States Experimenting to Lower Health Care Costs

As states work on implementing the complex federal health care reforms, some have begun tackling an issue that has vexed employers, individuals and governments at all levels for years - the rapidly rising costs of health care.

Oregon health officials are concentrating on coordinating services and preventing hospital stays. New Jersey medical centers are rewarding doctors who can save money without jeopardizing patient care. And Massachusetts is expanding the role of physician assistants and nurse practitioners.

As states work on implementing the complex federal health care reforms, some have begun tackling an issue that has vexed employers, individuals and governments at all levels for years — the rapidly rising costs of health care. The success of models that are beginning to emerge across the country ultimately will determine whether President Barack Obama's Affordable Care Act can make good on its name.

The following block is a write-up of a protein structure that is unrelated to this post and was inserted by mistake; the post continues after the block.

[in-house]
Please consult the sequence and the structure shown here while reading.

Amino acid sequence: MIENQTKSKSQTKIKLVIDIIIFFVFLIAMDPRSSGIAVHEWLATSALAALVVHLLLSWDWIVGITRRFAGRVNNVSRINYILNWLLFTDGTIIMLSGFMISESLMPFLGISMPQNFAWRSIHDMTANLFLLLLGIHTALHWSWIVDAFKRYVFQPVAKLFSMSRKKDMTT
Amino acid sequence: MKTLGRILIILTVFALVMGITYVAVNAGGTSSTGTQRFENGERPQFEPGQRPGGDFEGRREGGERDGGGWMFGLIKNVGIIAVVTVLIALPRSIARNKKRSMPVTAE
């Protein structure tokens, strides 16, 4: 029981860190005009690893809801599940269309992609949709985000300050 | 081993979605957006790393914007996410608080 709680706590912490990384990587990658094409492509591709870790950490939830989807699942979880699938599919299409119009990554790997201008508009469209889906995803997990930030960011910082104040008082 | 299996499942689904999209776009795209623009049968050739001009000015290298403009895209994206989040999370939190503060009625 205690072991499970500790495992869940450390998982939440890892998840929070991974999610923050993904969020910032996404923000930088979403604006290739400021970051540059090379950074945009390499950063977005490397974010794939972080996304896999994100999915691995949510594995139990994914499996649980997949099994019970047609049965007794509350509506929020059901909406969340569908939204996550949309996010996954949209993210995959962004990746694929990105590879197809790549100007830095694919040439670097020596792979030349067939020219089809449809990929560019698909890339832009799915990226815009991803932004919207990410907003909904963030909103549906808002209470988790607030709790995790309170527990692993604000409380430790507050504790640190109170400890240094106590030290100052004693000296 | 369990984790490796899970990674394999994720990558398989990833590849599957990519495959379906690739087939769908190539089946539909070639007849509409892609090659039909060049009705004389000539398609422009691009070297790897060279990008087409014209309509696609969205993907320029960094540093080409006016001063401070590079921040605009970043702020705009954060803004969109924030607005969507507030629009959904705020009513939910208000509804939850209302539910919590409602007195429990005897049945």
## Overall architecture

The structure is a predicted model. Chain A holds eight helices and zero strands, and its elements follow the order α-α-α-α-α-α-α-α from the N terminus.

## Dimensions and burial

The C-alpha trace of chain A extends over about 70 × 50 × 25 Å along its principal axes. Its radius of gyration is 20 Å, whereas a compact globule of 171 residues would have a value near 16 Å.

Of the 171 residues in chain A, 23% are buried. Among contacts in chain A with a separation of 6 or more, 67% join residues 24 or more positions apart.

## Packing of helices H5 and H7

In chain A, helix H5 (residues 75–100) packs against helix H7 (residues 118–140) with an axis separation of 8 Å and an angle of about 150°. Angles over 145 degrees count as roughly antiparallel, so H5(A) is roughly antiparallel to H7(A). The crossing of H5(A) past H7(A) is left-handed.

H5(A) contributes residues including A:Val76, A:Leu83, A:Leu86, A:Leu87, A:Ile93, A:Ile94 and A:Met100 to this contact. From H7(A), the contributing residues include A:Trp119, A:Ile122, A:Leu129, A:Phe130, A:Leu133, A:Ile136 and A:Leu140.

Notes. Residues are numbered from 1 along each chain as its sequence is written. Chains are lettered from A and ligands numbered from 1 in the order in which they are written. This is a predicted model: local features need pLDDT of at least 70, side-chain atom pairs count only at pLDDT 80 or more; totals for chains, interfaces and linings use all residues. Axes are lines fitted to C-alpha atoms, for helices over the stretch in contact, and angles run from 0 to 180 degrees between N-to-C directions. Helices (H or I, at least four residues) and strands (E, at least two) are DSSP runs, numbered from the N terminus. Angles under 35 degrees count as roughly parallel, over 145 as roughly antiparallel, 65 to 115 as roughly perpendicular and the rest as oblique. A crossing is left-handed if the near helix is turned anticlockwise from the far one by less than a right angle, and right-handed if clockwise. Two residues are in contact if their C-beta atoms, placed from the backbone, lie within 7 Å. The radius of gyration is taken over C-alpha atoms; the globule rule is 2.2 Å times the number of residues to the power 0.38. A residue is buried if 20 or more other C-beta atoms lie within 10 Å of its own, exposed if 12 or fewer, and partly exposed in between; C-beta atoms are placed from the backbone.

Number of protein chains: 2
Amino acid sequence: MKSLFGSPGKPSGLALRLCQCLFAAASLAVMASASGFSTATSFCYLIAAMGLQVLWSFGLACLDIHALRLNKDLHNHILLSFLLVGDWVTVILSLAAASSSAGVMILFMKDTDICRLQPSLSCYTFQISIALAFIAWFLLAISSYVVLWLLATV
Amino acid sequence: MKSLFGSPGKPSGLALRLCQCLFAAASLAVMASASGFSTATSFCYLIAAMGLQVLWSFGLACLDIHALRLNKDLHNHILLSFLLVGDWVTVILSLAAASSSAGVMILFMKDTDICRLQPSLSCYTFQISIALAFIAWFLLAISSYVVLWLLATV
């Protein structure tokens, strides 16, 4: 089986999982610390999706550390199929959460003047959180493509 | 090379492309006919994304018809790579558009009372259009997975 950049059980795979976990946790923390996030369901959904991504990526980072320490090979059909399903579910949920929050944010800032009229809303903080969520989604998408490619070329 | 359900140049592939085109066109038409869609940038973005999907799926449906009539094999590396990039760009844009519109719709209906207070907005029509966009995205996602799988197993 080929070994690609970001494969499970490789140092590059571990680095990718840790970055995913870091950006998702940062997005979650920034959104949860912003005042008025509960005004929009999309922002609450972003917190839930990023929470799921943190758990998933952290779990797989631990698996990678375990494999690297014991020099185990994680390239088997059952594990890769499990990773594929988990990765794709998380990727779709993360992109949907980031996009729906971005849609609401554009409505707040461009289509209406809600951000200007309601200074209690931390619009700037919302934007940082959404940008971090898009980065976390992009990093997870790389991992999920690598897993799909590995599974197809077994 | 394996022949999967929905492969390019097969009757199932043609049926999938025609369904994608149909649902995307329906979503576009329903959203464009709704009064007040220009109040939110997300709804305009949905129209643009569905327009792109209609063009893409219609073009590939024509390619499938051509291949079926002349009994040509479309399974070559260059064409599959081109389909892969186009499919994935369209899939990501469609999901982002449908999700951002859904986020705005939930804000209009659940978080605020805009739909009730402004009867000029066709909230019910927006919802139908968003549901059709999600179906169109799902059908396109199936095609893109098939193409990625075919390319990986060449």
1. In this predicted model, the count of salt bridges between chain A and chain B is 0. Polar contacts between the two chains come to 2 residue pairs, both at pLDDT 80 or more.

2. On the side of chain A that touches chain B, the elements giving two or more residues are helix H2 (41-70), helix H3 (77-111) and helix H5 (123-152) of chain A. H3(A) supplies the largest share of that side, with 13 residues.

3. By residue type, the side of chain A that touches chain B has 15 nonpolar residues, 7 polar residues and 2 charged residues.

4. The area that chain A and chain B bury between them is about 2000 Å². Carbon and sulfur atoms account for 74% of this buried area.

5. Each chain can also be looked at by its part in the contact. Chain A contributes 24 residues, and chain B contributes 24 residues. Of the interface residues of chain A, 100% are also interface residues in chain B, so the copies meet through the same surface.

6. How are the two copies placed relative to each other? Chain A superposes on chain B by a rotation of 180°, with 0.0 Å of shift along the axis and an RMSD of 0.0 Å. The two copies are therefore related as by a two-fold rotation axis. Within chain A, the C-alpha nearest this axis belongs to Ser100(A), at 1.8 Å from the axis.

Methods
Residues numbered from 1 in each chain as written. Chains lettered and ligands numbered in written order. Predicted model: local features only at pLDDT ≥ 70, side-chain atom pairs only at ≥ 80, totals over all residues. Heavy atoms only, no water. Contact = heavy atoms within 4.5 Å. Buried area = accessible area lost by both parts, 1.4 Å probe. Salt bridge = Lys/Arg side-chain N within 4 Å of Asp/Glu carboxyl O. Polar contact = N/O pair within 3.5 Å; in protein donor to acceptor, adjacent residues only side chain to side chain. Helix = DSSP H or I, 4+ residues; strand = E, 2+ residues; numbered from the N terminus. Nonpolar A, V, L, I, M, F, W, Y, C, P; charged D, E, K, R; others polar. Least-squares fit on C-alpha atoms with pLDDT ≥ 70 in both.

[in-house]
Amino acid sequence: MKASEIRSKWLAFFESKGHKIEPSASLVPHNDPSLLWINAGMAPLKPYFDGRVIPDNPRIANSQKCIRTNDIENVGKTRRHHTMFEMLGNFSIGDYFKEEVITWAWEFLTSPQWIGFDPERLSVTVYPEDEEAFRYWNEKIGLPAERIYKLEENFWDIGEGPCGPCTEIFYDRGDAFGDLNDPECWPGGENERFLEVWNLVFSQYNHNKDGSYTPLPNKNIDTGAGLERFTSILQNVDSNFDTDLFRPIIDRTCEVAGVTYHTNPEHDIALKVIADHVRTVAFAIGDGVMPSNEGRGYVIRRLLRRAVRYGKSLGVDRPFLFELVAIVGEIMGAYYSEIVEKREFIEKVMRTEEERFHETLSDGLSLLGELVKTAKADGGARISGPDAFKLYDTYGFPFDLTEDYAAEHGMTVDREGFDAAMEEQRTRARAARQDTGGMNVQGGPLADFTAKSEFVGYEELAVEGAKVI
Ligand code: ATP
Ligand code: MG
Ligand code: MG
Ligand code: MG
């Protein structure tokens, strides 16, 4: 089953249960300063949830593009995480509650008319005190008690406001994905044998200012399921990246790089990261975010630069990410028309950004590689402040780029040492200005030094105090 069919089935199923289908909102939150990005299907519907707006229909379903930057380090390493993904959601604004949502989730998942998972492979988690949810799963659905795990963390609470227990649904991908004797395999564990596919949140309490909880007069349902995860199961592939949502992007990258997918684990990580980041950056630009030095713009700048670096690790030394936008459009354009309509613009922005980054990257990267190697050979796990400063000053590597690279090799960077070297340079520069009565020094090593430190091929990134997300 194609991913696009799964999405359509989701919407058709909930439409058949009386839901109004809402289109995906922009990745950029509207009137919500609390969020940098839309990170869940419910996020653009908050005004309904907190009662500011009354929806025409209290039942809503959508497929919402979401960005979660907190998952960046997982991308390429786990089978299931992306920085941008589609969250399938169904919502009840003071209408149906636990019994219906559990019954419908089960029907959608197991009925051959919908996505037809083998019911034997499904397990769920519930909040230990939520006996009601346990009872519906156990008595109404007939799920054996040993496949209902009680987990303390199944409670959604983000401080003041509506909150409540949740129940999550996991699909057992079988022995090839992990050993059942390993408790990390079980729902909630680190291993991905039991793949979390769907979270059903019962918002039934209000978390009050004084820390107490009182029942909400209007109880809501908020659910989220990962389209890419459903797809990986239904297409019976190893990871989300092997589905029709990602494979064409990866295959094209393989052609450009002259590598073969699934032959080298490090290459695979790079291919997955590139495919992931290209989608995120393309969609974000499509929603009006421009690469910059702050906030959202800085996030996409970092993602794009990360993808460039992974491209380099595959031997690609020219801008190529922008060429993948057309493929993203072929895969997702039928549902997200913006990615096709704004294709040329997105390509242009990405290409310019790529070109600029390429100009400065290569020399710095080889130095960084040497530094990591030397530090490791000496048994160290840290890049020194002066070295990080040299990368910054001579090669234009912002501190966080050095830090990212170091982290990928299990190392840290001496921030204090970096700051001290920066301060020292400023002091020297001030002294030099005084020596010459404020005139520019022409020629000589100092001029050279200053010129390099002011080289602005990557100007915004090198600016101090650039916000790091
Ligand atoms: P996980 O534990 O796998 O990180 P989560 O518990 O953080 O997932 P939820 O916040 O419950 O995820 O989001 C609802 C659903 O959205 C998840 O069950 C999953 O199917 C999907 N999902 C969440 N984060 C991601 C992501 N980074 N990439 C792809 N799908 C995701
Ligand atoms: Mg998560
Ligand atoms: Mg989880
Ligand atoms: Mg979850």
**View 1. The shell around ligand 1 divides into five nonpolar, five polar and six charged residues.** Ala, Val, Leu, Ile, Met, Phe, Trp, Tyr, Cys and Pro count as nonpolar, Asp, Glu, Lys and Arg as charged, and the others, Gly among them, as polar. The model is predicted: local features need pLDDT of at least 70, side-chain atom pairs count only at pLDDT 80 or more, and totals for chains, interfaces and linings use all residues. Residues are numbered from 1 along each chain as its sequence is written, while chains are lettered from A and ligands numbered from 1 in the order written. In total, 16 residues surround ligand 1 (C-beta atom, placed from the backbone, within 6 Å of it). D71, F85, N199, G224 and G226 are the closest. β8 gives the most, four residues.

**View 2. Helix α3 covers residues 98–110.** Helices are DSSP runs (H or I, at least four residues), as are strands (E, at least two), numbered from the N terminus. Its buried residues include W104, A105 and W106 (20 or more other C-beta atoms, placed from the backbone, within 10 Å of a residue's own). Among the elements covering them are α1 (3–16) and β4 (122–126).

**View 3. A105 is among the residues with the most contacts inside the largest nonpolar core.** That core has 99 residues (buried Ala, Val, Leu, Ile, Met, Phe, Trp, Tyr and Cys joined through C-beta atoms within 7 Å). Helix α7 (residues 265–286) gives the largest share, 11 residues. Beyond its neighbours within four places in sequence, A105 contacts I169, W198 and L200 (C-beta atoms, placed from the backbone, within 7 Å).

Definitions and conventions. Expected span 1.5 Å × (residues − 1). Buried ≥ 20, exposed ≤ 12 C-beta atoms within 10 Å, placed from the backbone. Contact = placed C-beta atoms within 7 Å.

It's too early to tell what will work and what won't, but states, insurers and medical groups are experimenting with a variety of programs to contain costs without undermining care. These test runs come as millions of new patients will gain eligibility for health insurance under the federal law, putting additional pressure on the system.

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Source: ABC News